Understanding Sedimentation Water Treatment
Water treatment is the process of making water ready for human use. While there are several critical aspects, sedimentation water treatment is of particular importance. It is essential to understand the whole water treatment process in order to ensure the process is completed safely and efficiently for the general public.
What Is Sedimentation?
Sedimentation is the process of separating small particles and sediments in water. This process happens naturally when water is still because gravity will pull the heavier sediments down to form a sludge layer. However, this action can be artificially stimulated in the water treatment process. This mechanical assistance is called thickening.
Why Is Sedimentation Used?
The sedimentation process is used to reduce particle concentration in the water. The advantage of sedimentation is that it minimizes the need for coagulation and flocculation. Typically, chemicals are needed for coagulation and flocculation, but improved sedimentation controls the need for additional chemicals. Additionally, sedimentation can be used after coagulation to increase the effectiveness of ongoing filtration in the process.
What Are Technical Aspects of Sedimentation?
Although sedimentation is an accepted process within the water treatment industry, it is still theoretical. The process can be varied depending on the concentration of particles. For example, small concentrations often settle unhindered or without mechanical assistance. As concentrations increase, there are more hindrances to settling and additional support will be needed to aid the process.
Types of Sedimentation Tanks
Sedimentation water treatment requires the use of specialized tanks. A sedimentation tank provides the necessary support to make sure that the particles settle. Sedimentation will happen naturally over time, but water treatment requires a tank to streamline the process.
Horizontal Flow Tank
Horizontal flow tanks are the simplest option. These rectangular tanks allow water to flow horizontally, ensuring that particles are separated from the water during the movement through the tank. This way, the sediment has been collected before the water leaves the far end of the tank. The tank is equipped to clean the sediment out periodically in order to allow the process to continue.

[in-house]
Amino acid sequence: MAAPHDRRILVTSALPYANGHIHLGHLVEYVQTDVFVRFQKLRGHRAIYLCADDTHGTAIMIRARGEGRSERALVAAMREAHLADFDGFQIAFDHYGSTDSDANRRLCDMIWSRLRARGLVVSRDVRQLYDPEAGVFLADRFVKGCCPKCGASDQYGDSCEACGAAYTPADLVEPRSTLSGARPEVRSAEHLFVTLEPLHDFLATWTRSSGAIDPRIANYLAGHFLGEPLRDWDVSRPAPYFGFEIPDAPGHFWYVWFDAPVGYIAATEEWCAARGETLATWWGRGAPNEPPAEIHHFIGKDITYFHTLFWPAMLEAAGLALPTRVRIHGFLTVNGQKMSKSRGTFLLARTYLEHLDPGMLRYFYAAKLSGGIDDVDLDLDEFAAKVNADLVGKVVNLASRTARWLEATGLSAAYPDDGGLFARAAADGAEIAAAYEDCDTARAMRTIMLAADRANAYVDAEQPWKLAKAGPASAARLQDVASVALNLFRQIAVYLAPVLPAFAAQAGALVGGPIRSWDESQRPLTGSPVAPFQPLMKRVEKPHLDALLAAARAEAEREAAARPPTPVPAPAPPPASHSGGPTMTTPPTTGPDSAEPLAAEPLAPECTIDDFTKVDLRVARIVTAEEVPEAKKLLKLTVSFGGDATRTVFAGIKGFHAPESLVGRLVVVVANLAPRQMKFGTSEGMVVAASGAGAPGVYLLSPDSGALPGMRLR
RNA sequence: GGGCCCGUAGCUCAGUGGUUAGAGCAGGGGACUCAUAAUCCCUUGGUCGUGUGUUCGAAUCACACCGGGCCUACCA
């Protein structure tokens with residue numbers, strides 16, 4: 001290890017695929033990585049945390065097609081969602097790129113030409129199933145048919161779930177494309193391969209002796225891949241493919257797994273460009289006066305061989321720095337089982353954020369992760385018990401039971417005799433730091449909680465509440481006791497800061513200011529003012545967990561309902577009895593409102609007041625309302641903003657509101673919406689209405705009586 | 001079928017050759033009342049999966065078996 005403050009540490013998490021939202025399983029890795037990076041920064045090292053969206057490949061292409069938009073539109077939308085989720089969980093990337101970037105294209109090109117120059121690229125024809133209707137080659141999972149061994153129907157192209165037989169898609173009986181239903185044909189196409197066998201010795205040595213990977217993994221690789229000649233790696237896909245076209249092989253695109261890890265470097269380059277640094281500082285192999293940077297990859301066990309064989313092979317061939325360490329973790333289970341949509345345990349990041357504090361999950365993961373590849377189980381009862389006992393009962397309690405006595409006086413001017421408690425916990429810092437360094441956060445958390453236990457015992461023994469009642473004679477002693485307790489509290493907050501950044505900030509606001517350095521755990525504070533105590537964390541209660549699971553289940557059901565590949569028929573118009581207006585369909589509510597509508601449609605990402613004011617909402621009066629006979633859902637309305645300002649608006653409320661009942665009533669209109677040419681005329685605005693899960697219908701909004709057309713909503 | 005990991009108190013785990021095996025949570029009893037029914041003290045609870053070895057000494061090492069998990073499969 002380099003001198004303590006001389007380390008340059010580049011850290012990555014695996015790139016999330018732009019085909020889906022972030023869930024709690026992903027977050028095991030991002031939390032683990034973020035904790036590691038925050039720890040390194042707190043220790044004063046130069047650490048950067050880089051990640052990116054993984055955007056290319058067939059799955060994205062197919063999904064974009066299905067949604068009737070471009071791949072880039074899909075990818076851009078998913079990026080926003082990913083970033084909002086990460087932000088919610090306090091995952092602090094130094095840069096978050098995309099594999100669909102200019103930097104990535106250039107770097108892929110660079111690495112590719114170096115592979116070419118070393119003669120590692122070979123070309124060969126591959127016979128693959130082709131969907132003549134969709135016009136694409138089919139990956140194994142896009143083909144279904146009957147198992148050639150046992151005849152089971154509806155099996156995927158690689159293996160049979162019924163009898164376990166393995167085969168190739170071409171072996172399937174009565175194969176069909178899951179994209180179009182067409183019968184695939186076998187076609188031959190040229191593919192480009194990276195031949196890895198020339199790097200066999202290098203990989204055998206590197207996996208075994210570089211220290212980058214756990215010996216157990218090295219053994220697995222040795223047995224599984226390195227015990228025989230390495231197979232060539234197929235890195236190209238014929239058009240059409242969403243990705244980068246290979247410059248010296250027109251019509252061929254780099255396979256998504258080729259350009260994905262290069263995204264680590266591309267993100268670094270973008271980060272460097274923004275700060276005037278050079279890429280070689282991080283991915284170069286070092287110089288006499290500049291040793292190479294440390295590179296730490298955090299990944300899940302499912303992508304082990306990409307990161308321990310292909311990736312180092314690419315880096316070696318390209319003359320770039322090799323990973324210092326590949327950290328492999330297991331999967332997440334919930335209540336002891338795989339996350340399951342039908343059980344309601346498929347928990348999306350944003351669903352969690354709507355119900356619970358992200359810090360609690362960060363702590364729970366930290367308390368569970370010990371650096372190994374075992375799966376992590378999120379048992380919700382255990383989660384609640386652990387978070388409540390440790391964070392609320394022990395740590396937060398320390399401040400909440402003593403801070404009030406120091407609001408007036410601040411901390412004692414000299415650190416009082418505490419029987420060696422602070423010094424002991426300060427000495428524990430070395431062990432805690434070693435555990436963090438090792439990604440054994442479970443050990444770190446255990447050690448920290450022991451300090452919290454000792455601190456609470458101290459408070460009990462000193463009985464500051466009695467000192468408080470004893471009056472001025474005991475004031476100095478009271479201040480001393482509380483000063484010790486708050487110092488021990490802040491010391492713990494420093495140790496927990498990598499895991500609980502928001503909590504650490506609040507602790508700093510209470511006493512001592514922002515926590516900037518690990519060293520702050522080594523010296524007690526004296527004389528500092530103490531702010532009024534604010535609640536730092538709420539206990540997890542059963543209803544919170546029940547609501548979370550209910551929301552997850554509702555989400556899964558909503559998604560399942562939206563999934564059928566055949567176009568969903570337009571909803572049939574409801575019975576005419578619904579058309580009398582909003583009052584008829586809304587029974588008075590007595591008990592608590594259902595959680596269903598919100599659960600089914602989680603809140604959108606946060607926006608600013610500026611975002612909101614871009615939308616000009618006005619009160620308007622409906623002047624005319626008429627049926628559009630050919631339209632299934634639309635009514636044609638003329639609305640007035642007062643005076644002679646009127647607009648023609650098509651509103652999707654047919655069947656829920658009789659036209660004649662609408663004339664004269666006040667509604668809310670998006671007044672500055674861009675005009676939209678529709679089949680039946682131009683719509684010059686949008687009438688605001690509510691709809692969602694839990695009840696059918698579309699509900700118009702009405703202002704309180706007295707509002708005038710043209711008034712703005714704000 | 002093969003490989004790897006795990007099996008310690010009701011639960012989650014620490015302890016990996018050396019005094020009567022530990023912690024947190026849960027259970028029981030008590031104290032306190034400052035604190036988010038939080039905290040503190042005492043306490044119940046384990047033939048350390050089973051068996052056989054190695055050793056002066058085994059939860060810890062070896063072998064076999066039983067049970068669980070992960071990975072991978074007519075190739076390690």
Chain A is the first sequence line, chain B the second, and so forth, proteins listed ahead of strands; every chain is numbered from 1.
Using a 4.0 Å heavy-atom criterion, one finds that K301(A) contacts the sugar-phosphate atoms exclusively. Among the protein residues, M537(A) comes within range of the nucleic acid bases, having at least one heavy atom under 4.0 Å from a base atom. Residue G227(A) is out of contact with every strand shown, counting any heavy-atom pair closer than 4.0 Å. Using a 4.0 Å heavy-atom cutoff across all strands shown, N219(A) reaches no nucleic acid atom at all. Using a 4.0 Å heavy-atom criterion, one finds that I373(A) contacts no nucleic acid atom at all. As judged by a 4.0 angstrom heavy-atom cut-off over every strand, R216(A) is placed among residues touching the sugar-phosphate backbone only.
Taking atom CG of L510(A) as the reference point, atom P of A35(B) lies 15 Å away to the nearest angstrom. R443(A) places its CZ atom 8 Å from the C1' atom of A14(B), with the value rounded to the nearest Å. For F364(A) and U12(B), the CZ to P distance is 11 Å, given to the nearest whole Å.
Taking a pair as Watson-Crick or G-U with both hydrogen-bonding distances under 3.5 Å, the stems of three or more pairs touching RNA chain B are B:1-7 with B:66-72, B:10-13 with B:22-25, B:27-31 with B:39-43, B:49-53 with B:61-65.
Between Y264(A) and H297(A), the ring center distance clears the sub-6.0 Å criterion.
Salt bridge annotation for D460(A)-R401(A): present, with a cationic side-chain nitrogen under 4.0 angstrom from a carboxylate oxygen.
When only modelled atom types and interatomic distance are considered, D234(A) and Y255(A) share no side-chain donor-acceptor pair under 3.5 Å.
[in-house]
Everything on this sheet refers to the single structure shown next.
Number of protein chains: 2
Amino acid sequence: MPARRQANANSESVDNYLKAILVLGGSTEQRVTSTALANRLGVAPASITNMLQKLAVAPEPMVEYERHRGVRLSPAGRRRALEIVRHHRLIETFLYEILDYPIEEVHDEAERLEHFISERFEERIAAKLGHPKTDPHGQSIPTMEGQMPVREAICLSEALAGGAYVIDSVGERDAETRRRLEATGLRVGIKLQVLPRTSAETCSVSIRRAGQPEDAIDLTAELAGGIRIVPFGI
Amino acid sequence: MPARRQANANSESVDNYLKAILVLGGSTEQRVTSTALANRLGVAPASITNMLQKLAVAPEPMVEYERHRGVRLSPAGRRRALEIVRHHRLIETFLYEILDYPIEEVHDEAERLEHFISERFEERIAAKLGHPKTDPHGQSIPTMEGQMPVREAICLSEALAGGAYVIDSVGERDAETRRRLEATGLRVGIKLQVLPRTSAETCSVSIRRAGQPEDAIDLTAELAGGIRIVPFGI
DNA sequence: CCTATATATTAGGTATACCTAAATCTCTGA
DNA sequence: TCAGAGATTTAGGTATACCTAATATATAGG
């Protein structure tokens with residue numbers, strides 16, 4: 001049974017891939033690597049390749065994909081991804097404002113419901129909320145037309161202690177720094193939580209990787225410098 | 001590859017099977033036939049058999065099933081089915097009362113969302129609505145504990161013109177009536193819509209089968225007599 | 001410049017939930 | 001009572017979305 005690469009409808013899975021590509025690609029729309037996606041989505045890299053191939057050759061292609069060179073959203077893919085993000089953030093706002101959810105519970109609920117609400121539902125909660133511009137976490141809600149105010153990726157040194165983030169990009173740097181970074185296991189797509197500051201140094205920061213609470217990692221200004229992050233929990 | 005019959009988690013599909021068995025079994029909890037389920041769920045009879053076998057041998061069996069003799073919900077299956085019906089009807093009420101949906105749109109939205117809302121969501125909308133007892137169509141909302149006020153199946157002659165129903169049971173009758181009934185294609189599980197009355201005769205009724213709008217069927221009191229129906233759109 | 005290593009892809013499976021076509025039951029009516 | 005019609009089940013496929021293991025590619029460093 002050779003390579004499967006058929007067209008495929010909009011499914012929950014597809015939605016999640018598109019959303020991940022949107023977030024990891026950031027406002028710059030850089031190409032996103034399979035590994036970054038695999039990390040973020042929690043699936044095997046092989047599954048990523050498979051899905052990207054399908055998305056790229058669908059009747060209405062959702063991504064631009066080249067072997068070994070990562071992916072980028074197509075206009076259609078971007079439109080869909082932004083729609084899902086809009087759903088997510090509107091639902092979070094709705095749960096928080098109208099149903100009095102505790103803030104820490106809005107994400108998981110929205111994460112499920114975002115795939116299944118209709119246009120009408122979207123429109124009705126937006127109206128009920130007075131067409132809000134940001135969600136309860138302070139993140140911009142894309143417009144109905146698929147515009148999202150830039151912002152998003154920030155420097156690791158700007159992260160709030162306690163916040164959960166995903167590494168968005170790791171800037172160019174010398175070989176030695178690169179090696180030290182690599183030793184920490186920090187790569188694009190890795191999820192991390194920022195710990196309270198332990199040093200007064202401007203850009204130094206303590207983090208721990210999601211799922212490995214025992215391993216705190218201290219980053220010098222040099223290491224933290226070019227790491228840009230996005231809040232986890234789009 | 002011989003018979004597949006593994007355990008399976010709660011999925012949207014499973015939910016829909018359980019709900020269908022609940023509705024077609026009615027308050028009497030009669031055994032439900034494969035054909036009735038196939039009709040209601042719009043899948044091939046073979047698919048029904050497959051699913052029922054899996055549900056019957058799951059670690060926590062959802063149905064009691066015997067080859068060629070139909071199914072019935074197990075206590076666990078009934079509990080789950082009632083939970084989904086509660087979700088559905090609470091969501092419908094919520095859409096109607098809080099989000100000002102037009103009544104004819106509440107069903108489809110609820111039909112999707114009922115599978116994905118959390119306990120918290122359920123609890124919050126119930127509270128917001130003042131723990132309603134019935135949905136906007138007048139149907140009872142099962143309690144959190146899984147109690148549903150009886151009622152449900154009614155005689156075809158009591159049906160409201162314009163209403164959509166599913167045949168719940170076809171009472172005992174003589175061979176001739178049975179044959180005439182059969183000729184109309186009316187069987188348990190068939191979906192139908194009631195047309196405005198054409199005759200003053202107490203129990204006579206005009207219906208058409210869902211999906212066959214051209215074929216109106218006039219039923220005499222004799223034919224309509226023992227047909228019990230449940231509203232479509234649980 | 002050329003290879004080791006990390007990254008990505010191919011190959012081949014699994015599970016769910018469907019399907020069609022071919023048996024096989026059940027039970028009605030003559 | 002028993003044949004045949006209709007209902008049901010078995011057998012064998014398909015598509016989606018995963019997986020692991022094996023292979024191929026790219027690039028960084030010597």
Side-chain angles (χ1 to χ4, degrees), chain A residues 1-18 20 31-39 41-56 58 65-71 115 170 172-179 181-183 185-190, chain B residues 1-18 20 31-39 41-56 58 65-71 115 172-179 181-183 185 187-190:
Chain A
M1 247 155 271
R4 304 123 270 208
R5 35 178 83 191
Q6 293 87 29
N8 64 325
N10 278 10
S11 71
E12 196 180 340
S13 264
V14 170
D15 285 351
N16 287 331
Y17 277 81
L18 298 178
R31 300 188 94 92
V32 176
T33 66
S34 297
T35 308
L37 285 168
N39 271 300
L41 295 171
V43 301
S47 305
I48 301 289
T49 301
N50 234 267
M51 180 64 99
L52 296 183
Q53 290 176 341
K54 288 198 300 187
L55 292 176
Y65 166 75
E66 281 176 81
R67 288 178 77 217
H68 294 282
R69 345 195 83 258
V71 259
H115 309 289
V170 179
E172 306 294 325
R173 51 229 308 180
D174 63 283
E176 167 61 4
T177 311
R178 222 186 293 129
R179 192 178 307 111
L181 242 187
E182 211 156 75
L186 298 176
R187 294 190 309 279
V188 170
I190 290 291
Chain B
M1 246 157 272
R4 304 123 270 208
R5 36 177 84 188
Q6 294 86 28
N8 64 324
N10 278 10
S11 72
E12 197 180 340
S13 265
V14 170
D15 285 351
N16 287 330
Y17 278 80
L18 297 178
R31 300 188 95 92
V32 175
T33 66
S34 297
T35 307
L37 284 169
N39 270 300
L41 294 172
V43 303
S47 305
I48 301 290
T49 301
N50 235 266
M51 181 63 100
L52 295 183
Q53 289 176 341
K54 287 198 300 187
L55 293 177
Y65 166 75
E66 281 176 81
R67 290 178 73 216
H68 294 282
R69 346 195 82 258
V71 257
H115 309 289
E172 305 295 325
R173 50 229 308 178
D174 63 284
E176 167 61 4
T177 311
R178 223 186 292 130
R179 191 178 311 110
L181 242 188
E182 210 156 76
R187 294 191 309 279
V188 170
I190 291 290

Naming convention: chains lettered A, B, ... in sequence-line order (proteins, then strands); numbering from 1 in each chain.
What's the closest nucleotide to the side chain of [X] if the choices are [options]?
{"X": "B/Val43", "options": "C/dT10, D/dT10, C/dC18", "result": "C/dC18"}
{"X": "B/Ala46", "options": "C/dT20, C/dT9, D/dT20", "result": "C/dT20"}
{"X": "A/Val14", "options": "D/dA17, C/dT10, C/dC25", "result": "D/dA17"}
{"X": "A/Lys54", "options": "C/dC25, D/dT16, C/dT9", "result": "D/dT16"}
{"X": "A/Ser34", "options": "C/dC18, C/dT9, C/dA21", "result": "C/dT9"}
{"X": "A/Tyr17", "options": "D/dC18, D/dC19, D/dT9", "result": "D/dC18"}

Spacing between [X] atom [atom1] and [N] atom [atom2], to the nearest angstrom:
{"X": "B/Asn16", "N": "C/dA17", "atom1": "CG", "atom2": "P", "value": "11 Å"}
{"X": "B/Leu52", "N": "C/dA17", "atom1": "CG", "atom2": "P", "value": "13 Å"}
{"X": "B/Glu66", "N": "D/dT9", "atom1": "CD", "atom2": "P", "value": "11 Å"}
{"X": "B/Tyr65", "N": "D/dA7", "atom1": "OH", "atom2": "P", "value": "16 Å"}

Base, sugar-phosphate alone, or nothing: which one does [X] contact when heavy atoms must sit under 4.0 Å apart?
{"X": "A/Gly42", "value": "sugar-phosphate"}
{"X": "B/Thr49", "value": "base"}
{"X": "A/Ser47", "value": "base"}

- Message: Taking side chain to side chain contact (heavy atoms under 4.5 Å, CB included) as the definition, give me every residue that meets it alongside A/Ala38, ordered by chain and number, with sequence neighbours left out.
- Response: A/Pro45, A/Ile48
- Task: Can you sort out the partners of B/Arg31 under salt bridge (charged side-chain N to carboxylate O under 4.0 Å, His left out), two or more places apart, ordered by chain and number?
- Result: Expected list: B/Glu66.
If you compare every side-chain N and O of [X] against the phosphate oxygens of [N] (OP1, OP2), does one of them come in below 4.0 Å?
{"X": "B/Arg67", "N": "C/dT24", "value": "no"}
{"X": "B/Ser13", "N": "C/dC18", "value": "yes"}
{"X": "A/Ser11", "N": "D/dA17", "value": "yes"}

A variation of the horizontal flow tank is the multi-layer tank. The process is still the same in a multi-layer tank. However, multiple decks have been built in the tank. Water is passed from one layer to the next until the sediment is properly separated.
Radial Flow Tank
Radial flow tanks approach this process differently. These tanks are circular, and sediment is moved centrally to be collected and discharged. Radial tanks can be enhanced for flocculation and recirculation in some cases.
Another tool used for sedimentation is a settling tank. A settling tank is inclined to assist with the collection of sediment. Inclined settling tanks can be unhindered, which means they may work without additional mechanical stimulation. Instead, the process is facilitated by the size of the tank, the depth of the water and the placement of the inclined plates at the bottom. The flow of the water can move in multiple directions depending on the sedimentation needs.
Ballasted sedimentation is another option. This is preferred when additional flocculation is needed to help with coagulation. Ballasted sedimentation relies on the application of high molecular weight polymers. These polyelectrolytes are used to increase particle density, which promotes separation. In particular, ballasting agents are used. In most cases, this is a fine sand or Bentonite.
Floc Blanket Sedimentation
Another option is floc blanket sedimentation. These tanks look like inverted pyramids and feature a short vertical section. Floc is circulated in the tank, attracting particles. Eventually, the floc and sediment turn into sludge on the floor. Because of the shape of these tanks, the suspension is moved downward into the pyramid and eventually discharged.
Finally, a Sirofloc® process can also be used. This process is used selectively for waters with little mineral turbidity. In a Sirofloc® process, fine magnetite is prepared with high acidity. This attracts certain particles in the water. As water is passed through a magnetic field, the magnetite particles start to clump together. Then, the water is passed through a radial flow tank to allow the magnetite to be collected. One great thing about a Sirofloc® process is that the collected magnetite can then be recycled for a fresh batch.
How Can Cloud-Based SCADA Help With Sedimentation?
Understanding types of sedimentation and the options for a sedimentation tank is only part of the process. Sedimentation is only one aspect of water treatment. In order to facilitate the overall process, cloud-based SCADA software offers critical tools and data measurement capabilities.
SCADA is a supervisory computer system that continuously collects and analyzes data. SCADA systems that operate in the cloud are faster and more efficient, streamlining plant operations. When SCADA is used to oversee sedimentation, the process can be monitored and controlled via the computer system for real-time changes that enhance the process of water treatment.